Dark tourism: Memory, Pilgrimage and the Digital Realm hosted 5 May online from 9 am to 5:30 pm.

Dark Tourism: Memory, Pilgrimage and the Digital Realm

9 May 2022   |   9:00 – 17:30 (UK time)

Hosted by: Edinburgh Napier University, Scotland, UK

Dark tourism: Memory, Pilgrimage and the Digital Realm hosted 5 May online from 9 am to 5:30 pm.

About the Symposium:

The Tourism Department (The Business School) and the School of Arts and Creative Industries at Edinburgh Napier University are hosting a fascinating dark tourism research symposium. It will take place at Craiglockhart Campus at Edinburgh Napier University and will be available for guests to join online via Microsoft Teams on Thursday 5 May 2022.

A growing interest in dark tourism as a recognised special category of tourism behaviour continues to attract the attention of academics from a variety of disciplines, including sociology, cultural studies and anthropology. Recent contributors to the field have looked at contexts such as gulag tourism in Kazakhstan, edutainment interpretation at ‘lighter’ dark tourism attractions, the ethics and politics of digital displays in police museums, and the use of netnographic research methods to understand the motives and reactions of visitors to iconic Holocaust heritage sites.

This interdisciplinary symposium led by Professor Anne Schwan, Dr Craig Wight, and Dr Phiona Stanley seeks to bring together academics from a range of backgrounds to share ideas and recent research achievements as well as foster conversations between academic researchers and tourism or creative practitioners.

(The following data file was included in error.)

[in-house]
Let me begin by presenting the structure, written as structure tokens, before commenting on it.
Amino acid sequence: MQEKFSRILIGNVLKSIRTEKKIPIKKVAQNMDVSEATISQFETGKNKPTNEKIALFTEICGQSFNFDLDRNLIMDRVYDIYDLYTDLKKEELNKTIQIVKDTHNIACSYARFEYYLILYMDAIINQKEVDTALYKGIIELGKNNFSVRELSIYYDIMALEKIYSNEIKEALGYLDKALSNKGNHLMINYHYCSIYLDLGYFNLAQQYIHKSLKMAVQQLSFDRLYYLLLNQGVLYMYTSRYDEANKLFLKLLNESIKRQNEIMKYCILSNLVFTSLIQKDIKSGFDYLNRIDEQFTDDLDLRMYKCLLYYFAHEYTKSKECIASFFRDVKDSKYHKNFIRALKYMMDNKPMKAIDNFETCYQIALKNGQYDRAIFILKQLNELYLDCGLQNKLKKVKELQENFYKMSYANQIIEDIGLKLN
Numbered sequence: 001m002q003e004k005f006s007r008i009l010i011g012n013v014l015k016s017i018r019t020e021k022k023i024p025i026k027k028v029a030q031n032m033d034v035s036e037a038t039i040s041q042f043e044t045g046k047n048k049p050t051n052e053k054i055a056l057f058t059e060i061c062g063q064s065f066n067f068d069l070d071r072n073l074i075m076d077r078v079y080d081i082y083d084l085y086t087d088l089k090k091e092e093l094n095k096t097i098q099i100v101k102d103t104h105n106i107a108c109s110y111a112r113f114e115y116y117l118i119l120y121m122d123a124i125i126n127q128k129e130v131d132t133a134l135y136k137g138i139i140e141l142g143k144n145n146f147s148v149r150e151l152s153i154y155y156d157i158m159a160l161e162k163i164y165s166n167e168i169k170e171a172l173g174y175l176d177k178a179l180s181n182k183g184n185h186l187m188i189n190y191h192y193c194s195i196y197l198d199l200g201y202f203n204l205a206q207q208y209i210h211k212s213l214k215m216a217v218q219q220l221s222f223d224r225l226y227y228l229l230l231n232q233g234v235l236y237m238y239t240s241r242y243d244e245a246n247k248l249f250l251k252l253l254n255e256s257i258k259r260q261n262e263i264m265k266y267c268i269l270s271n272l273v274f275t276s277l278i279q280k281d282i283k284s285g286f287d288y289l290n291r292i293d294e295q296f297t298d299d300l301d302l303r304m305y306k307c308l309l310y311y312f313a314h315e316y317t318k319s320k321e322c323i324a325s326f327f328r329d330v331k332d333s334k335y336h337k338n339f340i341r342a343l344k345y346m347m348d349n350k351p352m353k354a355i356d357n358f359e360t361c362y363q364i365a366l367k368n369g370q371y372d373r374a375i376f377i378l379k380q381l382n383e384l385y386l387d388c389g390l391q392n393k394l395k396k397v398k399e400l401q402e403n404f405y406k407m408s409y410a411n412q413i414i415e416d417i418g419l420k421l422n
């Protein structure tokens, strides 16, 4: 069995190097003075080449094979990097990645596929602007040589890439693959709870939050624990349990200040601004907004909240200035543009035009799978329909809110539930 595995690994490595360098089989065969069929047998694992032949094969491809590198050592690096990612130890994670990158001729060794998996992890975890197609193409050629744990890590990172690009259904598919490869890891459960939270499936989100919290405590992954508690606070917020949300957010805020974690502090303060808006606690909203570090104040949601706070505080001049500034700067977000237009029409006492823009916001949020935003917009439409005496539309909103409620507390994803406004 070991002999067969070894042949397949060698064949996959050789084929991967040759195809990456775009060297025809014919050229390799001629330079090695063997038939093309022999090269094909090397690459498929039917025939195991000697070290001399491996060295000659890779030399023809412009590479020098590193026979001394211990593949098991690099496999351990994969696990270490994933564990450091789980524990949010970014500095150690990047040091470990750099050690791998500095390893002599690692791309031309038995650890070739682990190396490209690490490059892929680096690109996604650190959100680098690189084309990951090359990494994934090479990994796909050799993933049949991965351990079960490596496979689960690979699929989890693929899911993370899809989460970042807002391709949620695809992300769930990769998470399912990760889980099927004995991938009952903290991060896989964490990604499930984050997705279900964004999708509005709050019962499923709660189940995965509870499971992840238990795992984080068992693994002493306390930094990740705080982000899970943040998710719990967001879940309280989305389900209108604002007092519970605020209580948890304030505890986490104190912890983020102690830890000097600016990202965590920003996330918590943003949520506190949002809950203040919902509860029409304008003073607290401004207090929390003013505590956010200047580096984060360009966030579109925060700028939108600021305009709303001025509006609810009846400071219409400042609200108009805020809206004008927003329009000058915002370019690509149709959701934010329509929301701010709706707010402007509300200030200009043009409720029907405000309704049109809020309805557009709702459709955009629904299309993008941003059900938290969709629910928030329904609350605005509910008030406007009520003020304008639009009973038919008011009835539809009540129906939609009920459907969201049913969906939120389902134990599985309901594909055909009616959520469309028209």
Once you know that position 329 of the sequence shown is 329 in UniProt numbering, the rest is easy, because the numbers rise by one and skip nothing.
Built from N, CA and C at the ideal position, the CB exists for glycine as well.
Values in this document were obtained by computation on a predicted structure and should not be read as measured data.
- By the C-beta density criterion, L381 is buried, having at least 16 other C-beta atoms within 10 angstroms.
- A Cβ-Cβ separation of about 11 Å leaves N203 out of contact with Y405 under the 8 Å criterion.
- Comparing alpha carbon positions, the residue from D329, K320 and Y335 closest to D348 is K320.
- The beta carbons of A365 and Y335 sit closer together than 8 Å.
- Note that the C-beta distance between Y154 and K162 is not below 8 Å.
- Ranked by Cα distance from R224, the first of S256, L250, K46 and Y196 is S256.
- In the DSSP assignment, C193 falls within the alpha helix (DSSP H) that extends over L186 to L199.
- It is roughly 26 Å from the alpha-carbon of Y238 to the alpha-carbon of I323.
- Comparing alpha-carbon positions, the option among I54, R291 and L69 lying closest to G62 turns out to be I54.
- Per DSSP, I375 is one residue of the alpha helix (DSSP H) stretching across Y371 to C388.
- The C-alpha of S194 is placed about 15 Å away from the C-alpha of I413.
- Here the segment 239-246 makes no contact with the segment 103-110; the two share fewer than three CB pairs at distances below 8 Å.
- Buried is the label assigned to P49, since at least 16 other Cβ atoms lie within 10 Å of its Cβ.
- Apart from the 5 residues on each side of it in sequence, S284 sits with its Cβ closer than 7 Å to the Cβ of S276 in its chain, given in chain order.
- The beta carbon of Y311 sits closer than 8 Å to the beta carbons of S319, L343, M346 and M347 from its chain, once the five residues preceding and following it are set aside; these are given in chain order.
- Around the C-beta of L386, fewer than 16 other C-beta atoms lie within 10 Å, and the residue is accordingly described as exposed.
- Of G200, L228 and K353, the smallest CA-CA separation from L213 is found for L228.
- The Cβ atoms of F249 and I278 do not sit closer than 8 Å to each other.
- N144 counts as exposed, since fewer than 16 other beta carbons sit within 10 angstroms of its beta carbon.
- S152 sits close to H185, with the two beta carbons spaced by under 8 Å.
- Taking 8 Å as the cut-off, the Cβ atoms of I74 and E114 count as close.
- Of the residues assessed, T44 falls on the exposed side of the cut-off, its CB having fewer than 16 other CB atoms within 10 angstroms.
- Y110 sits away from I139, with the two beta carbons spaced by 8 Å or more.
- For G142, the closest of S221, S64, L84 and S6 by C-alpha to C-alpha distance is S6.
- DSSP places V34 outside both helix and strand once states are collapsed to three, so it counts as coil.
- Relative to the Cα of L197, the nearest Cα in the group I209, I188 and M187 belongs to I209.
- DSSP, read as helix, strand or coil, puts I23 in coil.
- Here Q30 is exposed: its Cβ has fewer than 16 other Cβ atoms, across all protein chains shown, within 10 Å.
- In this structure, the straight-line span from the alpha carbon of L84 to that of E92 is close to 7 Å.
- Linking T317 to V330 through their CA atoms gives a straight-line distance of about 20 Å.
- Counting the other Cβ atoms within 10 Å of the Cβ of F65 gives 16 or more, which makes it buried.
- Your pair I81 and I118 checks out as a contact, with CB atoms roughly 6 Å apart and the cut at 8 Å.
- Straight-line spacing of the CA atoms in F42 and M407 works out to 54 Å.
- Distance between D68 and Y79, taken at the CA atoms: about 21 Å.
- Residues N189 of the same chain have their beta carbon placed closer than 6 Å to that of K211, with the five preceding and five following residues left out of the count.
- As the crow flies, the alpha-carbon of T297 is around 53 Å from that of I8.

Speakers include:
• Kat Brogan (Managing Director, Mercat Tours Edinburgh)
• Professor John Lennon (Glasgow Caledonian University)
• Professors Justin Piché (University of Ottawa) and Kevin Walby (University of Winnipeg)
• Dr Brianna Wyatt (Oxford Brooks University)

My Session’s details:
13:45 – 15:15 : Concurrent session 2a – “Digital Storytelling and Ghost Tours”
I am up first in this panel session and I will be presenting about my work on the 11 UNESCO World Heritage Australia Convict Sites in the context of developing a iDoc as a dark tourism virtual experience that functions as a pre- or post-visit resource. There are no ghost stories in my presentation, but some of the narratives about convict hard labour and punishment are haunting indeed.

So register today!

Guest spaces are available online via Microsoft Teams and you can register here on Eventbrite.

Once you have registered, the event joining information can be accessed within the Eventbrite online event page.

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